Findings from an article published in Breathe journal recently about the involvement of patients in an ERS working group to develop the first European clinical guidelines in managing adult bronchiectasis
Developing clinical guidelines at the European level
Involving patients in the development of European clinical guidelines through the work of the European Respiratory Society (ERS) is a growing area and a recently published article in Breathe journal highlighted the shared learning from involving patients in the project.
The article included perspectives from the patients and healthcare professionals involved, as well as European Lung Foundation (ELF). Some of the key findings are summarised below. The patients involved completed EPAP before they started.
EMBARC/ELF bronchiectasis patient advisory group
EMBARC, a European bronchiectasis clinical research collaboration, was set up in 2012 and funded initially by ERS, and is dedicated to improving research and care for people with bronchiectasis. It endeavours to be patient-focused in all its activities and projects.
ELF formed an advisory group made up of patients and carers with lived experience of bronchiectasis, to engage in the activities of EMBARC. An advisory group of 8 people was formed with another 40 individuals providing an email-based reference group.
One of EMBARC’s first projects was to develop the first European clinical guidelines for bronchiectasis, and a working group was formed of medical experts based across Europe and three members of the patient advisory group, from Spain, Germany and UK. The guidelines were launched at the ERS International Congress in September 2017 in Milan.
What patients said about their involvement in the project
The three individuals chose to get involved for a range of reasons which included their own personal
experiences of care and for a desire to improve treatment for themselves and others. They all acknowledged that the decision to get involved was a major undertaking and their experiences gave rise to recommendations for involving patients in the future:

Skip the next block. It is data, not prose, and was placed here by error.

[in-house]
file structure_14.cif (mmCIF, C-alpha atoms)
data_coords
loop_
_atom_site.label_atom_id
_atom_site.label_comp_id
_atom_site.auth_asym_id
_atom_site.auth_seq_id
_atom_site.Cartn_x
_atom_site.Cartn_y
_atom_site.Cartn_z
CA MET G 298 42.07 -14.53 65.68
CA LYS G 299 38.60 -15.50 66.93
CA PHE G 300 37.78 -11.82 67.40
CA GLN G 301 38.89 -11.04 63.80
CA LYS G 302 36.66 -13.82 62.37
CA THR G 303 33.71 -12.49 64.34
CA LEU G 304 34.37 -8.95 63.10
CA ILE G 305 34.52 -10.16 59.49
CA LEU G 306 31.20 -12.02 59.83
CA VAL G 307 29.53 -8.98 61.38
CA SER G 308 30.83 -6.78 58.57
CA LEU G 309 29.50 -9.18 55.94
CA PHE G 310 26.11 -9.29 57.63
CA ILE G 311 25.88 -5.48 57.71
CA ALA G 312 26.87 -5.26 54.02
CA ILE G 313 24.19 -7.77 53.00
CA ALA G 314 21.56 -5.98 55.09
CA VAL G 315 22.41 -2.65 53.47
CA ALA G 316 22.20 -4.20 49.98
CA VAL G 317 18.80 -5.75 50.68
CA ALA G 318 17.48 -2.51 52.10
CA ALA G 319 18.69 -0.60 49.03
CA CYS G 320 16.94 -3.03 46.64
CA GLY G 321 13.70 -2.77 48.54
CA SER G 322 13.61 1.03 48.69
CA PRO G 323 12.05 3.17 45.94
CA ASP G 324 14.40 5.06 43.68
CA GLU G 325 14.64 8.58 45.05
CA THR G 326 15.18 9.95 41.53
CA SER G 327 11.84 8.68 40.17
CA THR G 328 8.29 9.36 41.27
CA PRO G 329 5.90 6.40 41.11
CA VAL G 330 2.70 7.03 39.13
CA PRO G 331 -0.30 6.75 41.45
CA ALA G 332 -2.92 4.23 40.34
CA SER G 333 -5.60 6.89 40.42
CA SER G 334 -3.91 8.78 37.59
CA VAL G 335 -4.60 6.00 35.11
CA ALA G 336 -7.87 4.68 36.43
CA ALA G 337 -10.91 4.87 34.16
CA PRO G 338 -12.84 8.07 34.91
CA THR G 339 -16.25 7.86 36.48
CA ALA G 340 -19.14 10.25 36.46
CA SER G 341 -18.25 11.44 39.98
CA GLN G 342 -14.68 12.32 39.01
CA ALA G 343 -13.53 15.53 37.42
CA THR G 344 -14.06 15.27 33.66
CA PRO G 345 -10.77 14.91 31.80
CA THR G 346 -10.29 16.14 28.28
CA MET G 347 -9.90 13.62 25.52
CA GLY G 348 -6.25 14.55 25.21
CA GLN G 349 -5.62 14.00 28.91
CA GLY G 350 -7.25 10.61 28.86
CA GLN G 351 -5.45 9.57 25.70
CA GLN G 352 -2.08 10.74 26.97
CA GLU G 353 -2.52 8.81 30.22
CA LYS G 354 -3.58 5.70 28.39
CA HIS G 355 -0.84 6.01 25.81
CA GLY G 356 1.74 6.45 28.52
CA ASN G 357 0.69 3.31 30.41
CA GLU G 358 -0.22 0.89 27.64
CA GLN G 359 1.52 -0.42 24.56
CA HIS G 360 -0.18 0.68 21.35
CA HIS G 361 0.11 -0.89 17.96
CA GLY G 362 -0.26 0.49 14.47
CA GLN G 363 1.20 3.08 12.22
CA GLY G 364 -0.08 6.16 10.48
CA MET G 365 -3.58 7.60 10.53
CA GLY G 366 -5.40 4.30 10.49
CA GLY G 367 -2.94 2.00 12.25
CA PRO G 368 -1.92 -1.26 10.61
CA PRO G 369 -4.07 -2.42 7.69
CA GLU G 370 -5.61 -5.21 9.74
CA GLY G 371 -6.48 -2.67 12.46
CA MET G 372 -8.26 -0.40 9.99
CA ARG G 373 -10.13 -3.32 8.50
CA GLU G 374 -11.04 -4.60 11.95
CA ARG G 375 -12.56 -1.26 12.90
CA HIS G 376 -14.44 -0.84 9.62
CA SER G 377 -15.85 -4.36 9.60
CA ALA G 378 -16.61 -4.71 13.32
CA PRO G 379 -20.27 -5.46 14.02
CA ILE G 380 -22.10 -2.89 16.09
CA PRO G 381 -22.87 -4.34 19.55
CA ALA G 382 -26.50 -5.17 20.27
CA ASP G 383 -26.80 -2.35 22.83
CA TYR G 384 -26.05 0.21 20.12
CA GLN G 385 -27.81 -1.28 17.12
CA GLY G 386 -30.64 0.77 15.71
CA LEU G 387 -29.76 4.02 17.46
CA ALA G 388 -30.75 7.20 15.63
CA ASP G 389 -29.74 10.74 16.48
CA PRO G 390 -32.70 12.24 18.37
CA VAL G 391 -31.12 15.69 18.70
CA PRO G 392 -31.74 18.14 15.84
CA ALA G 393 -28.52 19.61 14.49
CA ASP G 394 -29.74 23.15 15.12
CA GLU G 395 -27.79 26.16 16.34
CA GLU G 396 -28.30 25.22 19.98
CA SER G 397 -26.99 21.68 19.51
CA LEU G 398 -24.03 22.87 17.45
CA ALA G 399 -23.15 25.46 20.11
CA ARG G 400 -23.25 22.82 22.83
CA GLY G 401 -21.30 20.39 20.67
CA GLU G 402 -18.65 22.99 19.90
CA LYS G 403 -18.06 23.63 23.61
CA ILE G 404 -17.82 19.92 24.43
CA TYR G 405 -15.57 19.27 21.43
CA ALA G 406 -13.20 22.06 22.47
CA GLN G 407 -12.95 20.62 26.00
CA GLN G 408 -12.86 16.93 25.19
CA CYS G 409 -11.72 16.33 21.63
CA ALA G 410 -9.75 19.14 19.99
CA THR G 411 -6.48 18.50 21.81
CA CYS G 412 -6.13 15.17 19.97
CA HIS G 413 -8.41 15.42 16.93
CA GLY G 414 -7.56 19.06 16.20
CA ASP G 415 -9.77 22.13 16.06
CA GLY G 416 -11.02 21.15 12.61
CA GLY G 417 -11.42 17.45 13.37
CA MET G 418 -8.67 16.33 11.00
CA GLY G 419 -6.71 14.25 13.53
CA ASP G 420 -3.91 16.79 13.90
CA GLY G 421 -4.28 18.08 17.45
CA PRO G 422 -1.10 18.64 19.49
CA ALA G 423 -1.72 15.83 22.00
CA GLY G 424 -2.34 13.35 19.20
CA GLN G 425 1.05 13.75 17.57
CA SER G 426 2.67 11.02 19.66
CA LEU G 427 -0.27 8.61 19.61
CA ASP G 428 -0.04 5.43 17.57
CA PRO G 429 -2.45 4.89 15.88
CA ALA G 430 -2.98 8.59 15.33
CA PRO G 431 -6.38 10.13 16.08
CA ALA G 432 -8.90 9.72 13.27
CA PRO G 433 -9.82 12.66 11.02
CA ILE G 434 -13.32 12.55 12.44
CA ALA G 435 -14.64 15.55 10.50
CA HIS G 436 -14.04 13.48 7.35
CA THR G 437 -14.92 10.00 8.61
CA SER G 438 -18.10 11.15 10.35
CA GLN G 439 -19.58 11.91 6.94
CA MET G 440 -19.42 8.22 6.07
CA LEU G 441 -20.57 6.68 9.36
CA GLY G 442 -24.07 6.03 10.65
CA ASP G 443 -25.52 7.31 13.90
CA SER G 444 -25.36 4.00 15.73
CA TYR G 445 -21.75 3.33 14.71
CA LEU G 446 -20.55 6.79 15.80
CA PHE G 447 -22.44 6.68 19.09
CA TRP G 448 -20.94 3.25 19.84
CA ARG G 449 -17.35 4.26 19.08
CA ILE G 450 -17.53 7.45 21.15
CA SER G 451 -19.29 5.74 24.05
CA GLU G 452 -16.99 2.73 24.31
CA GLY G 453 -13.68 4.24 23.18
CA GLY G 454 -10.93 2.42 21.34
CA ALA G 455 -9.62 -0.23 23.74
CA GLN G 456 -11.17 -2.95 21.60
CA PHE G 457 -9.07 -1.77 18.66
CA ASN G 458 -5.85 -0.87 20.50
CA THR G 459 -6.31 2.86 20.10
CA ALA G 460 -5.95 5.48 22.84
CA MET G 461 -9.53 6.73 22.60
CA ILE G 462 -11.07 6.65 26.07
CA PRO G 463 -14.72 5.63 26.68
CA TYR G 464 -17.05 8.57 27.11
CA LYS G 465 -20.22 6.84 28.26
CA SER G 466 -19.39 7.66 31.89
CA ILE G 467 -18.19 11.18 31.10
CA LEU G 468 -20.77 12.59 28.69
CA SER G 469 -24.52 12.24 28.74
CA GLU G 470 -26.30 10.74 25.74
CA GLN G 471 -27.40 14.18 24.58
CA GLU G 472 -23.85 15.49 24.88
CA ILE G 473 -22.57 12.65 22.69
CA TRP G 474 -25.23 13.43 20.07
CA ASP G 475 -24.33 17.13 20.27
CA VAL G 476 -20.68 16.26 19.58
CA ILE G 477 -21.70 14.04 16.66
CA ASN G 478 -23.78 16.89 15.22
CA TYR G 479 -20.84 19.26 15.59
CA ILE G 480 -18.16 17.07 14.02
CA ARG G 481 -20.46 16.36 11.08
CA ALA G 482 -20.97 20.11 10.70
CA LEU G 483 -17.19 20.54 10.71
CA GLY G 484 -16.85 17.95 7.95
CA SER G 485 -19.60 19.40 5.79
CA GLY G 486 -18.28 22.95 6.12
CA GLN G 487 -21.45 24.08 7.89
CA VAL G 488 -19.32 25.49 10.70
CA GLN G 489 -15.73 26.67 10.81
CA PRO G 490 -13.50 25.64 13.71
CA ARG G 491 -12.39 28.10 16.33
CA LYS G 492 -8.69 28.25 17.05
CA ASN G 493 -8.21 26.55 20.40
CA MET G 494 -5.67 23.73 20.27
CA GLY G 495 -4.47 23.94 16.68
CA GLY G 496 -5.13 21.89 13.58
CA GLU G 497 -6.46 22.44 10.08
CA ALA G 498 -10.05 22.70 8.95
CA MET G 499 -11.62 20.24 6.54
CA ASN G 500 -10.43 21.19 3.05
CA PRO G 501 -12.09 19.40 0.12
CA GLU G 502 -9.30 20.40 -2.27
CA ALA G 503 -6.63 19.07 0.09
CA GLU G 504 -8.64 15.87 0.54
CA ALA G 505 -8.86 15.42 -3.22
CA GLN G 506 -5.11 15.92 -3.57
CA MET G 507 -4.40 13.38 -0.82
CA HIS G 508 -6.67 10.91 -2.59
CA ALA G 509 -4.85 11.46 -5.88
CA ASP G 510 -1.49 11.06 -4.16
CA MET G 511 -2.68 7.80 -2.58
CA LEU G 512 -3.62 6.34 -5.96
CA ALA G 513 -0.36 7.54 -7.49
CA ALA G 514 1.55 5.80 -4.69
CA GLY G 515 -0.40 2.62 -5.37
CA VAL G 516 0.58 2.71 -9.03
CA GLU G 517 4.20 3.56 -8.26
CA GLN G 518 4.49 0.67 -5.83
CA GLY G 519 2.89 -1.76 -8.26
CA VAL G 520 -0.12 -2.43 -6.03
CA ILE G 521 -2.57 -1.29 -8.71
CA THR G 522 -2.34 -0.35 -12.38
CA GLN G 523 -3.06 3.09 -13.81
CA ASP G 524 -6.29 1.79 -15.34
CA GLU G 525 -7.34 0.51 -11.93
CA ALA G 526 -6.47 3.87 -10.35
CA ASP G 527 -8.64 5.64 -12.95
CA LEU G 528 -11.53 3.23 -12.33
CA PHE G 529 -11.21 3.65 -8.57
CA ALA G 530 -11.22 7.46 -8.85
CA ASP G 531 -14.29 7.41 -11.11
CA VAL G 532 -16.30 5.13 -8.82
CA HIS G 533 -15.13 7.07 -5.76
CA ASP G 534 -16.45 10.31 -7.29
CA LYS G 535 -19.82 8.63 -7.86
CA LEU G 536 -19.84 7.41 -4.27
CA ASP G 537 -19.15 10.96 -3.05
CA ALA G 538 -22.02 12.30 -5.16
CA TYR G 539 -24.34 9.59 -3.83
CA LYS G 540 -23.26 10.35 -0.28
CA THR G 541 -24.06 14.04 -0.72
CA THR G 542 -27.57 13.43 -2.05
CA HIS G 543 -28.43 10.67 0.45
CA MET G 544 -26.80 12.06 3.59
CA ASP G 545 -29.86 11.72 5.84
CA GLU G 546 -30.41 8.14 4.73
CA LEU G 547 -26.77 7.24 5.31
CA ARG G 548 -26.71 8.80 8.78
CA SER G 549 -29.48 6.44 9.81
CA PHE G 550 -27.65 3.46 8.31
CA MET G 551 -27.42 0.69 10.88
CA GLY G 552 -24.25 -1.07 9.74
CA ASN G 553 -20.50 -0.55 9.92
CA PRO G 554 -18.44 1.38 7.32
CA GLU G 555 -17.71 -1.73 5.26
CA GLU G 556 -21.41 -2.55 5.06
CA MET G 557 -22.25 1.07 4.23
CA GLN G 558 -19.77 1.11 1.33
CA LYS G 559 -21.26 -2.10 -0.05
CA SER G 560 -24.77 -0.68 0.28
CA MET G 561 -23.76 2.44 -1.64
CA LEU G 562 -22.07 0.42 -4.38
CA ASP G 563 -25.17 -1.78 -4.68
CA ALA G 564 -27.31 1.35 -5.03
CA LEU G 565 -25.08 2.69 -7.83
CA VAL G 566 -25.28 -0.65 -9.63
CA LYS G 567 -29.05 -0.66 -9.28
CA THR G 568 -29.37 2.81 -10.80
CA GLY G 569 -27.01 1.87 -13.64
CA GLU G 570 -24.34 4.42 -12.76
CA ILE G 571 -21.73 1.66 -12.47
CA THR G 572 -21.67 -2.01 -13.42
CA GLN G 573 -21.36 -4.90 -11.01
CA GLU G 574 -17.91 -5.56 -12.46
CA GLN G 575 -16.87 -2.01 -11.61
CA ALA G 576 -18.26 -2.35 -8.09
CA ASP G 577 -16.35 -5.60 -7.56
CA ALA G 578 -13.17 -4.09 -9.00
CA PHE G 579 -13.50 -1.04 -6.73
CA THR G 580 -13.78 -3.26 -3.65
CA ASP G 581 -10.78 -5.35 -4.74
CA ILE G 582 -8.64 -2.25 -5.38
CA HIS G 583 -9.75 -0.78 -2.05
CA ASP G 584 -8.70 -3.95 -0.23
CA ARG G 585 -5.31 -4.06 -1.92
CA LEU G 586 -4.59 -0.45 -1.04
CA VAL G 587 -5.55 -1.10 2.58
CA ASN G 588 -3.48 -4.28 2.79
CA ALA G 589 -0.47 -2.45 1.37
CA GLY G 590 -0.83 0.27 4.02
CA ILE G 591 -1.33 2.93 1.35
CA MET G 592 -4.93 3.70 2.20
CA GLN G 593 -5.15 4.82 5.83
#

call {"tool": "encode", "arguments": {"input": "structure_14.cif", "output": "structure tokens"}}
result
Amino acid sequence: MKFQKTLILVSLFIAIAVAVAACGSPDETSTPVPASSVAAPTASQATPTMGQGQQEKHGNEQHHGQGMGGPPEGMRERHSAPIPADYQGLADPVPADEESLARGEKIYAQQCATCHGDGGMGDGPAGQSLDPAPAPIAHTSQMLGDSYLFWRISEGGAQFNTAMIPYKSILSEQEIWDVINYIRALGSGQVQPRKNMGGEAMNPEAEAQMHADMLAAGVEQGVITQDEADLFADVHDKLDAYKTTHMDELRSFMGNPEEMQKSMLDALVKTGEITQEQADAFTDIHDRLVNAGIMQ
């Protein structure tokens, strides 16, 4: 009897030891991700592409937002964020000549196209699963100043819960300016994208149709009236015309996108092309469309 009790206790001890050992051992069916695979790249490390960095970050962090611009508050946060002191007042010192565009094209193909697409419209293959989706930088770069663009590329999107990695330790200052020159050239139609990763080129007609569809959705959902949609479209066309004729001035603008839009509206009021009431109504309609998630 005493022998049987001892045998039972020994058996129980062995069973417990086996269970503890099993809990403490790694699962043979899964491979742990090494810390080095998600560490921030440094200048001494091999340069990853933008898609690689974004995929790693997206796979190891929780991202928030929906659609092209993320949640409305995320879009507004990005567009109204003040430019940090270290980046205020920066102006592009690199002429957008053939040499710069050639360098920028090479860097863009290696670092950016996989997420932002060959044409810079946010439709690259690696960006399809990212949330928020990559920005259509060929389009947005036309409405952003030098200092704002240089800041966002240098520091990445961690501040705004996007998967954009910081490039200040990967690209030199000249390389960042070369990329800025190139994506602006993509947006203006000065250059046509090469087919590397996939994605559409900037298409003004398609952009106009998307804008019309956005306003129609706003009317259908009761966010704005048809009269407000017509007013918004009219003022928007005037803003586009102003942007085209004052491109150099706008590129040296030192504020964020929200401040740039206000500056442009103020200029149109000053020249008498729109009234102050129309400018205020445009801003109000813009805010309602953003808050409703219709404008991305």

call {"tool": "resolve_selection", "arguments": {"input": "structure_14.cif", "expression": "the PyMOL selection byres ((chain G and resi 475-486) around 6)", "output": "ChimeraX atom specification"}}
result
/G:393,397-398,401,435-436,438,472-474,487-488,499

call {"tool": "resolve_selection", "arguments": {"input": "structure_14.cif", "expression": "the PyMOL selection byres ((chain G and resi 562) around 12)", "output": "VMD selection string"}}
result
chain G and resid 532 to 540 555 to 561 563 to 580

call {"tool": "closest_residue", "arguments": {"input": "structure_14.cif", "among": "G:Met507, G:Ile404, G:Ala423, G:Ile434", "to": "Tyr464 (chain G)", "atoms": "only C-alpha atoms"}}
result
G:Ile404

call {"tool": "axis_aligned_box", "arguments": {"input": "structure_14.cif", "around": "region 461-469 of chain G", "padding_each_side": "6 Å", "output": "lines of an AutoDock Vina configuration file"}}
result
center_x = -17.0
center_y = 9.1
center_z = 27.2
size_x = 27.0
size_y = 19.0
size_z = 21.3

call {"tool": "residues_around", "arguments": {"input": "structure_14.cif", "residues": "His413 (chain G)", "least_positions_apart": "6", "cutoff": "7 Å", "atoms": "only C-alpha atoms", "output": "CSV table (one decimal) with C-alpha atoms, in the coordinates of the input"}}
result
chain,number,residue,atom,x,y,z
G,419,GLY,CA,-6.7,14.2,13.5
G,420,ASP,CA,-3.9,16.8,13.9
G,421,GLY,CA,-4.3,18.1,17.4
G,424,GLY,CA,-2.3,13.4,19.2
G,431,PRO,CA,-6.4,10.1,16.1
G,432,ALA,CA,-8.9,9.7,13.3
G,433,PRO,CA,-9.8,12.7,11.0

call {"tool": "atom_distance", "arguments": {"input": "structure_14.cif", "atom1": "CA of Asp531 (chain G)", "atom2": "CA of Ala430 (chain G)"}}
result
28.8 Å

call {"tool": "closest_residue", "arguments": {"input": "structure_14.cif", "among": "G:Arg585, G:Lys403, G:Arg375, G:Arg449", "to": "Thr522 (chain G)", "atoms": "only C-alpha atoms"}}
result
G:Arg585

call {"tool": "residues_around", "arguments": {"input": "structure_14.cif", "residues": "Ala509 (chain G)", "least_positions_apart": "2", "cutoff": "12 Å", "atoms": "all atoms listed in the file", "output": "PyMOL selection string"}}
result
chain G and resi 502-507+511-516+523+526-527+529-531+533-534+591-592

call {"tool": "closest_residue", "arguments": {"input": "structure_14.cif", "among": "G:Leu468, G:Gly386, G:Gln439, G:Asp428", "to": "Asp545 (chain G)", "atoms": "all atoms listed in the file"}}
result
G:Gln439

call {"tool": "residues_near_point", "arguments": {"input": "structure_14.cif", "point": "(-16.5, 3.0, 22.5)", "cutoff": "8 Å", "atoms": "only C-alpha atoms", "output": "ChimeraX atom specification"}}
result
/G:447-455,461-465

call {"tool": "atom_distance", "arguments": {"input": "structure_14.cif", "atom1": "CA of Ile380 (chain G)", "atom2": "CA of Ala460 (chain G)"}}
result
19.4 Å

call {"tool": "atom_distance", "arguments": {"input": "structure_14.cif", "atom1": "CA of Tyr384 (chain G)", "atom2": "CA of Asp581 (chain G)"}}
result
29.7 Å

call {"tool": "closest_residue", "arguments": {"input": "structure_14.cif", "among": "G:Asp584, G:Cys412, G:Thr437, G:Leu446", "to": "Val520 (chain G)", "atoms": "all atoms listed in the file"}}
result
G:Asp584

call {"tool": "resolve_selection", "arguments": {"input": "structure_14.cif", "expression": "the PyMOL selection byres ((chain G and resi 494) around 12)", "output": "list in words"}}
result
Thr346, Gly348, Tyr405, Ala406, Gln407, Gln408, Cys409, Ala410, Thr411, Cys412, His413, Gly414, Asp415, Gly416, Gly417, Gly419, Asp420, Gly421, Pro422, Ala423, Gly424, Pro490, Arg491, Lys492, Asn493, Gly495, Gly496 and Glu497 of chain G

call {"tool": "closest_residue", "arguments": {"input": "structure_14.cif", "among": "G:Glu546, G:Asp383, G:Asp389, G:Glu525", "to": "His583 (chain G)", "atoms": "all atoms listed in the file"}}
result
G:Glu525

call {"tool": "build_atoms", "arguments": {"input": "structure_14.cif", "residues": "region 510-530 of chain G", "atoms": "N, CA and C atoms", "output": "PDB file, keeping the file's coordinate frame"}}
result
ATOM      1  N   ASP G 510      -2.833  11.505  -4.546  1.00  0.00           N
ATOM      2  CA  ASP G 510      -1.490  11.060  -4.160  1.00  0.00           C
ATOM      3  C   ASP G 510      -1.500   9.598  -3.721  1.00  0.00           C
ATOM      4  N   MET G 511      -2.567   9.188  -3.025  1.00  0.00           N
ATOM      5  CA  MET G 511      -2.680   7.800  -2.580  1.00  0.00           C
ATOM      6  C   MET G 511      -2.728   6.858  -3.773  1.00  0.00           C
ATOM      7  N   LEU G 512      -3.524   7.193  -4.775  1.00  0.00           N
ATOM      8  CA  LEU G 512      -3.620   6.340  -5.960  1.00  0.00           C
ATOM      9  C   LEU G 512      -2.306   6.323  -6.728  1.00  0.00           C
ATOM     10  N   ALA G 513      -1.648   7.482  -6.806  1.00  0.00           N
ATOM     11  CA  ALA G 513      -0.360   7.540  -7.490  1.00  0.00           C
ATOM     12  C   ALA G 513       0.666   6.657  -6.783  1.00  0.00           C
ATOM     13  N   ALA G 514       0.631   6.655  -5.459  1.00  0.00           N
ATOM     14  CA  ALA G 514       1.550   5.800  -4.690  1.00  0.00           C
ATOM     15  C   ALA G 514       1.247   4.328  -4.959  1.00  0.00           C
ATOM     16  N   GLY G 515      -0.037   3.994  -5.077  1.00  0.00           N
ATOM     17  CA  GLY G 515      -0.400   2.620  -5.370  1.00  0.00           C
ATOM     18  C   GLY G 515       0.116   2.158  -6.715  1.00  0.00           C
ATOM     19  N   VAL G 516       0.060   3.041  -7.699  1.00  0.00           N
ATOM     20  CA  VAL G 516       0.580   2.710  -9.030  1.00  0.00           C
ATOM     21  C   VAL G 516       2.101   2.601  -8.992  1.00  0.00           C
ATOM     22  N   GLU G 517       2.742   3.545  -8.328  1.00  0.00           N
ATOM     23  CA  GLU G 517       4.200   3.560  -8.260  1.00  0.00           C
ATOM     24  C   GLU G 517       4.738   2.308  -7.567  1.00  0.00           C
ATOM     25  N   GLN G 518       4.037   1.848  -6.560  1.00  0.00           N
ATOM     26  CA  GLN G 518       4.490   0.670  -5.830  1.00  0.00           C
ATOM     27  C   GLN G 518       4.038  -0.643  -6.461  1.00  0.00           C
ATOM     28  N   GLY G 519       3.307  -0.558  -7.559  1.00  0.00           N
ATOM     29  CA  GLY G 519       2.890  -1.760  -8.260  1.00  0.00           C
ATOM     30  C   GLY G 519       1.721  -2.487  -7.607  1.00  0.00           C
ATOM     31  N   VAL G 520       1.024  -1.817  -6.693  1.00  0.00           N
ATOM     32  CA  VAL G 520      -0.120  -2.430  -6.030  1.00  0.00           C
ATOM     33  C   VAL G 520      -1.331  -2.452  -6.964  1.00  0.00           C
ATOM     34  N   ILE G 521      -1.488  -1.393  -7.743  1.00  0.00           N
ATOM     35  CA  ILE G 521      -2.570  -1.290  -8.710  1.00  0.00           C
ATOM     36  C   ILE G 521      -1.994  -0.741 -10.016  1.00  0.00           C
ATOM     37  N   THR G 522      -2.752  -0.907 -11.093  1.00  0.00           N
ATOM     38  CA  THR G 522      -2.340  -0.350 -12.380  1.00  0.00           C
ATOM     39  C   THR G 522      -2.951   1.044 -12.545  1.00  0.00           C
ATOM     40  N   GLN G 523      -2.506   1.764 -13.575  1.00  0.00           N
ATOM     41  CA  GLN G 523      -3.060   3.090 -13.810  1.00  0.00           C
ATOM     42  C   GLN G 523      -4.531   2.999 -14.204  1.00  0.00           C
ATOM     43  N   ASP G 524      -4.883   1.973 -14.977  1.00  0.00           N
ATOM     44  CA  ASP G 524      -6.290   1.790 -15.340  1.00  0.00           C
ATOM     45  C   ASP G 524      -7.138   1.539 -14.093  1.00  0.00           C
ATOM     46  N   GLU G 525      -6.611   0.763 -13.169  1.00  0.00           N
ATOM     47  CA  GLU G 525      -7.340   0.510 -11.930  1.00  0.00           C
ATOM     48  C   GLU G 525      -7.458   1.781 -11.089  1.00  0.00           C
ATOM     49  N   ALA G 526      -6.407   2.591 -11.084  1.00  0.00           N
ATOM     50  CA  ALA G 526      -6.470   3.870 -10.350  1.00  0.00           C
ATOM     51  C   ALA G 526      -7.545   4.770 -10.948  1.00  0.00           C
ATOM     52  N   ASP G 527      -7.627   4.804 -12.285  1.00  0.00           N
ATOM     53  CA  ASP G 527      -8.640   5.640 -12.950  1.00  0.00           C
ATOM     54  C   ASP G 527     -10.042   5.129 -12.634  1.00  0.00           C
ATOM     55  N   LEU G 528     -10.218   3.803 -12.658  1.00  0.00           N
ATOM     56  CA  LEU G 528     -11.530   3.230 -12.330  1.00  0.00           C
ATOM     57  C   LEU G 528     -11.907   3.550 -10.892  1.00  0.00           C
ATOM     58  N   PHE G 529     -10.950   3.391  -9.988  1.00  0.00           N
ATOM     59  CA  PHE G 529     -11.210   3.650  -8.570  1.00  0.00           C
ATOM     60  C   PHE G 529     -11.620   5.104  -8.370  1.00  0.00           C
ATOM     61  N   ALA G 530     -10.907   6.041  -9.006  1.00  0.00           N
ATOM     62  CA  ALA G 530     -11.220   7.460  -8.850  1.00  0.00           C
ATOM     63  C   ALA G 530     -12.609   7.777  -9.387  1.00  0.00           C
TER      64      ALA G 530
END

- Explain clearly what is expected from patients getting involved in the project, e.g. role, time commitment, training provided.
- Ensure the patients are involved at an early stage when they have the opportunity to actively influence the research from the very beginning.
- Ensure that meetings are structured to reflect the presence of patients and that patients are fully prepared to attend these formal meetings – in particular the first meeting which can be particularly challenging.
- Greater awareness is needed about the potential impact of patients being exposed to medical data/information throughout a project that might have a personal bearing on them, e.g. prognostic signs of a particular treatment/element of the condition. Patients should be forewarned about such information possibly being discussed.
- A single point of contact to discuss issues as they arise and from whom patients can obtain information is helpful throughout the project. This could be a member of the working group panel or a member of an organisation such as ELF.
- All publications arising from the EMBARC project should be made freely available to patients.
What clinicians said about their experience of patient involvement in the project
- There was some initial resistance to patient involvement from some individuals, because of concerns that patients might be upset by some aspects of discussion or that the presence of patients might stifle debate.
- Other barriers identified included the need for in-depth scientific discussion which may not always be accessible for the patient (and may be interrupted by the need for explanation).
- Clinician attitudes towards patient involvement clearly changed over the course of the project and clinicians commented how overwhelmingly positive the experience has been. The genuine level of enthusiasm is reflected in increasing requests to involve patients in further events, committees and activities.
What ELF said about their experience of facilitating patient involvement in the project
- The feedback from patients and clinicians gave ELF an opportunity to ensure smoother participation and involvement for patients in the future.
- Key challenges faced by ELF included:
- Managing expectations of project chairs and members of the working group
- Ongoing communication and consultation between all parties
- Preparation and training for patient representatives
- ELF was able to develop guidance for working group chairs for future projects and also refined their patient input process in light of feedback.
- Read the full article Patient participation in ERS guidelines and research projects: the EMBARC experience; Breathe, September 2017, Volume 13, No 3
- Lay summaries of the Guidelines in different languages
- Bronchiectasis patient priorities website